- Delve deep into the history of south Wales and its industrial past, with interactive exhibits and activities.
- Check out the real vehicles and locomotives that were used, as well as stunning replicas.
- Head to one of their regular events where kids can take part in some science, arts and crafts, and educational fun.
- Children can play to their heart's content at the play area while you enjoy a coffee at the Waterfront Cafe.
The famous city of Swansea on the south coast of Wales is known for its history, culture and beautiful seaside location. The National Waterfront Museum, located in Swansea's Maritime Quarter, exists to celebrate over 300 years of history in the local area. In particular, the contribution to industry and innovation are at the core of the National Waterfront Museum's collection, making it the perfect place to learn about the industrial history of Swansea and Wales.
With over 100 different exhibits to explore, and made even more engaging with the use of interactive technology, the National Waterfront Museum is one of the top things to do with kids in Swansea. Whether it's checking out what the first steam locomotive in the world would have looked like, to playing on one of the many interactive displays, there is something for kids of every age at the Waterfront Museum. Originally established in 2005, the museum includes a Grade II listed warehouse as part of its building, which used to be the Swansea Industrial and Maritime Museum. Now, the museum is dedicated to helping people learn about and experience what it was like in Wales at the time of the Industrial Revolution, and the significance this has had on local culture, business, industry and history.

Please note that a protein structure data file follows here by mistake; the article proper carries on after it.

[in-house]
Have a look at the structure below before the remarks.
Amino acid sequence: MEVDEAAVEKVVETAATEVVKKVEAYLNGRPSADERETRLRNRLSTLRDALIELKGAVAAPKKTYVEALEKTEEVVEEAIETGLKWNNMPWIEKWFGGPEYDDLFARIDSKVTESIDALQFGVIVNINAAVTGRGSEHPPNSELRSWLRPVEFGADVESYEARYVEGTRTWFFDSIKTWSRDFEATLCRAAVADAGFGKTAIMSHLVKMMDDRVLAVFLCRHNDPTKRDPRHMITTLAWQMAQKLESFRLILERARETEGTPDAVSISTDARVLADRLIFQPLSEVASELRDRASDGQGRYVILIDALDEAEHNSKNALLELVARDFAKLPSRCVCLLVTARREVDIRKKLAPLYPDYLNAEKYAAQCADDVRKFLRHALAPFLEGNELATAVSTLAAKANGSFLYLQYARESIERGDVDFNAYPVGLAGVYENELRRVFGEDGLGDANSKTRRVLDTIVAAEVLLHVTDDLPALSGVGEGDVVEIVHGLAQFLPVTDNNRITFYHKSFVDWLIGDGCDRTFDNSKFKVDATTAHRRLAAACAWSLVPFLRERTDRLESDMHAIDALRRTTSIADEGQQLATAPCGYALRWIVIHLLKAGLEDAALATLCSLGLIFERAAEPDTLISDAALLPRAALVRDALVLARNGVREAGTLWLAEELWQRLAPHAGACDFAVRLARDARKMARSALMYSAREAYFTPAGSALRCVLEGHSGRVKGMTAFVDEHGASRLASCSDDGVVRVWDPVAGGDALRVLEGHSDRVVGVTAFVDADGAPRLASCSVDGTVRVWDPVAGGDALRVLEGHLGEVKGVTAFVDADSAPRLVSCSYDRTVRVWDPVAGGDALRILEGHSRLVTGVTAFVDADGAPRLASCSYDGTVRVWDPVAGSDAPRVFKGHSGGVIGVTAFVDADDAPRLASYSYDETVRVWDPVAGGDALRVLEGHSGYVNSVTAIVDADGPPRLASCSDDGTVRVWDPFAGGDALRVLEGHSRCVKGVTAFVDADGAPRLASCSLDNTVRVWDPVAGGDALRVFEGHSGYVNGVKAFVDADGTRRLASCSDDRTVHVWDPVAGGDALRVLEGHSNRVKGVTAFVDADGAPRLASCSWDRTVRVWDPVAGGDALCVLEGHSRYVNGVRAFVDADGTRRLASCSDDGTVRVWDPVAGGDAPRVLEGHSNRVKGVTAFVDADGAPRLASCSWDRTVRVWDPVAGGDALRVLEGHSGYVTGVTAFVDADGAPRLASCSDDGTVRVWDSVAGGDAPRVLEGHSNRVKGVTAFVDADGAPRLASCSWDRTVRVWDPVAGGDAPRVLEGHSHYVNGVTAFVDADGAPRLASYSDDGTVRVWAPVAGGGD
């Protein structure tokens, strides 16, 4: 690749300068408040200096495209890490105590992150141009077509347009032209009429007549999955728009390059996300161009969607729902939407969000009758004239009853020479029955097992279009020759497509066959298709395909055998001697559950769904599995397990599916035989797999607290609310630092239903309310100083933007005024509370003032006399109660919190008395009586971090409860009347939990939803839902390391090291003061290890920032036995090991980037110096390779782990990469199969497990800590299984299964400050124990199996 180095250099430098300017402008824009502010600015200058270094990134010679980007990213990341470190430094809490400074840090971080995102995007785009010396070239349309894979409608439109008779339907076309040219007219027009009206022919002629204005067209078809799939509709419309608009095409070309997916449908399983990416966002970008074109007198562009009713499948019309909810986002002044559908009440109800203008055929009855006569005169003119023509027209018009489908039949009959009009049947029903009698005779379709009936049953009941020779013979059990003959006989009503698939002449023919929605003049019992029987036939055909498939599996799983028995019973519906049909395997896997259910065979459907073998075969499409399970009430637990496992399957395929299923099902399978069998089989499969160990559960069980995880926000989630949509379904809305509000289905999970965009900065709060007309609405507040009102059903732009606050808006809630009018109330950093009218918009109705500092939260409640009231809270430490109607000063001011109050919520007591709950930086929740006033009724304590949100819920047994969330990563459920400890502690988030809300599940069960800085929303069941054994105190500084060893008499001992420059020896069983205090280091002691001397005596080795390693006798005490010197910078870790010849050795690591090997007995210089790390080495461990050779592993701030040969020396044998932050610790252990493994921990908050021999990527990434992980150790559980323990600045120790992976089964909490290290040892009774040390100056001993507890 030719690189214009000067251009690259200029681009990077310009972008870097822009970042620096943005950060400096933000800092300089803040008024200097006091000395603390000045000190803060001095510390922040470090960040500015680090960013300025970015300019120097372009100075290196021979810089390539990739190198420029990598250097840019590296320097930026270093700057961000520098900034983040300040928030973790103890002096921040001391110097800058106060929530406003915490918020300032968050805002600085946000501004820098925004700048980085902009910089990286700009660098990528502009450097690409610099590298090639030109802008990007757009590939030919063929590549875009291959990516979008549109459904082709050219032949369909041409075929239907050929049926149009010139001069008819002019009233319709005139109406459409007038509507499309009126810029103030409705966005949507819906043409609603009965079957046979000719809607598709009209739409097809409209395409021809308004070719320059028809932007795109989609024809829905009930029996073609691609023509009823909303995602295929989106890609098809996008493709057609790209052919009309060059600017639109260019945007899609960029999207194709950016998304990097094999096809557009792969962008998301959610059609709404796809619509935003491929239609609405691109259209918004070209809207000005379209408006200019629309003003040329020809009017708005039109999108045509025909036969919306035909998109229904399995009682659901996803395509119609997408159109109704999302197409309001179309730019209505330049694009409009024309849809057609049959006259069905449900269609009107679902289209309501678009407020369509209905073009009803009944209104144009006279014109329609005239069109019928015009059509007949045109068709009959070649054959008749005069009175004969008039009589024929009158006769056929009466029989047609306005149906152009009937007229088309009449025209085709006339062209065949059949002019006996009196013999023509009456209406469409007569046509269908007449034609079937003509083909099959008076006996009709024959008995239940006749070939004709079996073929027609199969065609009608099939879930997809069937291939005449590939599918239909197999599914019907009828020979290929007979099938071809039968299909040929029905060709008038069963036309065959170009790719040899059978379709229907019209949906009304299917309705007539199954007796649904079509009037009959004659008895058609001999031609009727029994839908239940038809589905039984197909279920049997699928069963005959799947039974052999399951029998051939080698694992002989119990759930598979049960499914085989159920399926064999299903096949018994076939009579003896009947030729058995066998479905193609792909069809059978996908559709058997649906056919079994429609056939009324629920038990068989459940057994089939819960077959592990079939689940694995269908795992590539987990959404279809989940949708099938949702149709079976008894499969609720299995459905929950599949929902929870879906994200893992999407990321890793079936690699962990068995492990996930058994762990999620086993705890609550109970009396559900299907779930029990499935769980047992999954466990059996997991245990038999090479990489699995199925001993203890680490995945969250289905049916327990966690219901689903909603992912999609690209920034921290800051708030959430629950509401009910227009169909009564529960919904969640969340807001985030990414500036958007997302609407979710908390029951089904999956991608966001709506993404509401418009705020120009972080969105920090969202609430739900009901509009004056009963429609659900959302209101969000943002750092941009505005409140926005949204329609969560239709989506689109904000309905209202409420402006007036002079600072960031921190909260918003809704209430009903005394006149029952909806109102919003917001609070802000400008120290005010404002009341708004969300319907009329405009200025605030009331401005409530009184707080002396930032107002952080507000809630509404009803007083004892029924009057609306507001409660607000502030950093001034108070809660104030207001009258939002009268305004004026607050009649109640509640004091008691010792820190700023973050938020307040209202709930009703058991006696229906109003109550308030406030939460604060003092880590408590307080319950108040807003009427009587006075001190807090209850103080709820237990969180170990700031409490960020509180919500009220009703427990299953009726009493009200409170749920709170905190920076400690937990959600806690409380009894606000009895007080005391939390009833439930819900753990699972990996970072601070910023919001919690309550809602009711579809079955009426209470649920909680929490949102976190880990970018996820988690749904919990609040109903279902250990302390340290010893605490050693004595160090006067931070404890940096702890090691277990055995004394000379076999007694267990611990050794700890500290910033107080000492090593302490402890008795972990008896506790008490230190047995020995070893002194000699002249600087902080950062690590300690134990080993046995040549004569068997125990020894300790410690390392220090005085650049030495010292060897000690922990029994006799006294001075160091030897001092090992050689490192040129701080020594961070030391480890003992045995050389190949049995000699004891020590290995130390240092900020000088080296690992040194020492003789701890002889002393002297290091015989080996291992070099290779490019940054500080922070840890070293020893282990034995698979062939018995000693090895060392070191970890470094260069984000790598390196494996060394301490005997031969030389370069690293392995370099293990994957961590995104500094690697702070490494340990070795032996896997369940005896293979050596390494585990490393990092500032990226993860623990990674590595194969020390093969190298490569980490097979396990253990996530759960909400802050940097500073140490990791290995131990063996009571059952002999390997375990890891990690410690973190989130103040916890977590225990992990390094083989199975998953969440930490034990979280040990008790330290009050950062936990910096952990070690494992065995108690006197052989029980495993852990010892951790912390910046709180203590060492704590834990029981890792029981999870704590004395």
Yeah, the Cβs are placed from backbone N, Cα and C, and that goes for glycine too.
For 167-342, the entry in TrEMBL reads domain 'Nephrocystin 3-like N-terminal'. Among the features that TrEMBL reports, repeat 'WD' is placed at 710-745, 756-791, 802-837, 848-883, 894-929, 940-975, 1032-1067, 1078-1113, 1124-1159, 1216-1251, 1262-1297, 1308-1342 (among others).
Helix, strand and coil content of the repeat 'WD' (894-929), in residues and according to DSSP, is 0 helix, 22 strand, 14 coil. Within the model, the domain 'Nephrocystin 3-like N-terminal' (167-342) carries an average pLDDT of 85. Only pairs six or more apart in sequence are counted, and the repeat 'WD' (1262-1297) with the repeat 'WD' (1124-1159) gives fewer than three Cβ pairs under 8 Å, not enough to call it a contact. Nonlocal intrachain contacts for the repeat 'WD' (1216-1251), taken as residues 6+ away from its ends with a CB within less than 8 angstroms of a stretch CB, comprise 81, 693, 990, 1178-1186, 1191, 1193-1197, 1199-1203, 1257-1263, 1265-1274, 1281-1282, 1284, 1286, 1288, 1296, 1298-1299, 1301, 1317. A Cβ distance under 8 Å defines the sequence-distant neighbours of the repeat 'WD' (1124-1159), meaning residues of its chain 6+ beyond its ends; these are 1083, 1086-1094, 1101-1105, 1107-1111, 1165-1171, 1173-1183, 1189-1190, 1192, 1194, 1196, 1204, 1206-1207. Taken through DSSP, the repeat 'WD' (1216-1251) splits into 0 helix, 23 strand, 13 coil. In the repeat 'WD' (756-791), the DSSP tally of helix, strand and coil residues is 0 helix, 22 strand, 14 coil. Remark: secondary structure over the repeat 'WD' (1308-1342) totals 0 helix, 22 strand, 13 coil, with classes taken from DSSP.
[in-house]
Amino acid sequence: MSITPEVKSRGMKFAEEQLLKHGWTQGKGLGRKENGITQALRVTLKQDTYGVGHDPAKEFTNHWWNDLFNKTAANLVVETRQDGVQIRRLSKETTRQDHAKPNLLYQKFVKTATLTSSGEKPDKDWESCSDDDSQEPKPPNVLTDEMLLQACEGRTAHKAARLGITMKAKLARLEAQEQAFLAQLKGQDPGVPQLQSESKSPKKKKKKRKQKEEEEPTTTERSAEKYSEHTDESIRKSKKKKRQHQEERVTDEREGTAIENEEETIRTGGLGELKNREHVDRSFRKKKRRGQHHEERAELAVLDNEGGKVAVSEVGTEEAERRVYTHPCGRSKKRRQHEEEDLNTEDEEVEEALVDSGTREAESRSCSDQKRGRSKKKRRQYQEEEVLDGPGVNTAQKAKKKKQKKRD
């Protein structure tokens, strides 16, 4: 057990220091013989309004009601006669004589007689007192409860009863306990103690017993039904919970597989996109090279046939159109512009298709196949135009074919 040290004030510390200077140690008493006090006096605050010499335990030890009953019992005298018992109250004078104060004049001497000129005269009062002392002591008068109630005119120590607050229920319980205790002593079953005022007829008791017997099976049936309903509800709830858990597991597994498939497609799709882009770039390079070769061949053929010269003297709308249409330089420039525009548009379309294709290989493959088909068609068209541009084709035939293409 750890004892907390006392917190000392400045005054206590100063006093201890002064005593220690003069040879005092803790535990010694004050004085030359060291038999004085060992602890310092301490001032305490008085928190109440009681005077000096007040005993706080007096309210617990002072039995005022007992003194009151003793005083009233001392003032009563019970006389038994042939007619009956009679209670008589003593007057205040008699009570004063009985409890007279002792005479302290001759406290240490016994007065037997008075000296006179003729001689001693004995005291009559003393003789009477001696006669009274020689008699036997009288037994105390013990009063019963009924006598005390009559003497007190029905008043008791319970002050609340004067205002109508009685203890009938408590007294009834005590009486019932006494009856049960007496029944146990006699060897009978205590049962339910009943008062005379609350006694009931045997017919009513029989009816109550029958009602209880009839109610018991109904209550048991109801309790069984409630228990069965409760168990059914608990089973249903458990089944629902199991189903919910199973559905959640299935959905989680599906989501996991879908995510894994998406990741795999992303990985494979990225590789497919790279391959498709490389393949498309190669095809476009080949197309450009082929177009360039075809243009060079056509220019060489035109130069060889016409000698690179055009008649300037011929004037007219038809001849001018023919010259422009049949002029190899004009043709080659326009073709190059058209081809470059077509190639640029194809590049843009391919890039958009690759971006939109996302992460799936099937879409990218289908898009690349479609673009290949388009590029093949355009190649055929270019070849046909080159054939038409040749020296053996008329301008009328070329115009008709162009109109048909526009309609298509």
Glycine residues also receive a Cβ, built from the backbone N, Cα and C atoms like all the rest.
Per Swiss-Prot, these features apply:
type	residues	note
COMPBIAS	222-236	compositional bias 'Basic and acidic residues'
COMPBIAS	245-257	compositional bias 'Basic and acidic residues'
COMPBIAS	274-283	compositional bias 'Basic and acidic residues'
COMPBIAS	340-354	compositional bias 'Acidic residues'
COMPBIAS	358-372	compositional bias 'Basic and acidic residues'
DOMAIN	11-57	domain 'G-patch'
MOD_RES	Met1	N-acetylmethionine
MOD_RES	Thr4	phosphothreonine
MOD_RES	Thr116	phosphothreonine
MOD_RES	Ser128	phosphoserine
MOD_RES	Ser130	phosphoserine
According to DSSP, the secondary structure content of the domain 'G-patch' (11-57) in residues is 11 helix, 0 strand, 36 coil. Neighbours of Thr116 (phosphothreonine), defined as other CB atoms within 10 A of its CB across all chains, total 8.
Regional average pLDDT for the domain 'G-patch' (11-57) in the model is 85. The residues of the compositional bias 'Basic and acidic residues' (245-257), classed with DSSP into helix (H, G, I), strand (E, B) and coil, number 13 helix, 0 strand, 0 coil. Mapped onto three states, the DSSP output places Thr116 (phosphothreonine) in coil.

As you explore the National Waterfront Museum, you'll find over 15 different galleries, each with different themes and filled with objects. There are objects from Amgueddfa Cymru (or Museum of Wales) that you can see in the museum, that help to give a view of how industrialisation affected the lives of Welsh people. South Wales was infamous for its role in the coal mining industry during the 18th and 19th centuries, and the cities of Barry and Cardiff to the east were once some of the largest coal producers in the world. With such a significant presence in the history of the coal industry, Swansea and the surrounding areas are a fascinating place to visit, as it is here that the coalfields themselves were located. The South Wales Coalfield included Swansea, as well as many other areas such as Caerphilly, Neath Port Talbot and Torfaen, with the valleys being particularly popular due to their large coal despoits. During the 19th century the coalfield was responsible for a huge turn in Wales's industry, with many people being employed to work there. While there were many disasters and the mines were very unsafe places to work by today's standards, the population of nearby towns exploded, as did the economy. However, the coal industry began to wane in the 20th century, like it did in many areas of the UK, and many of the collieries were closed in the 1950s and '60s.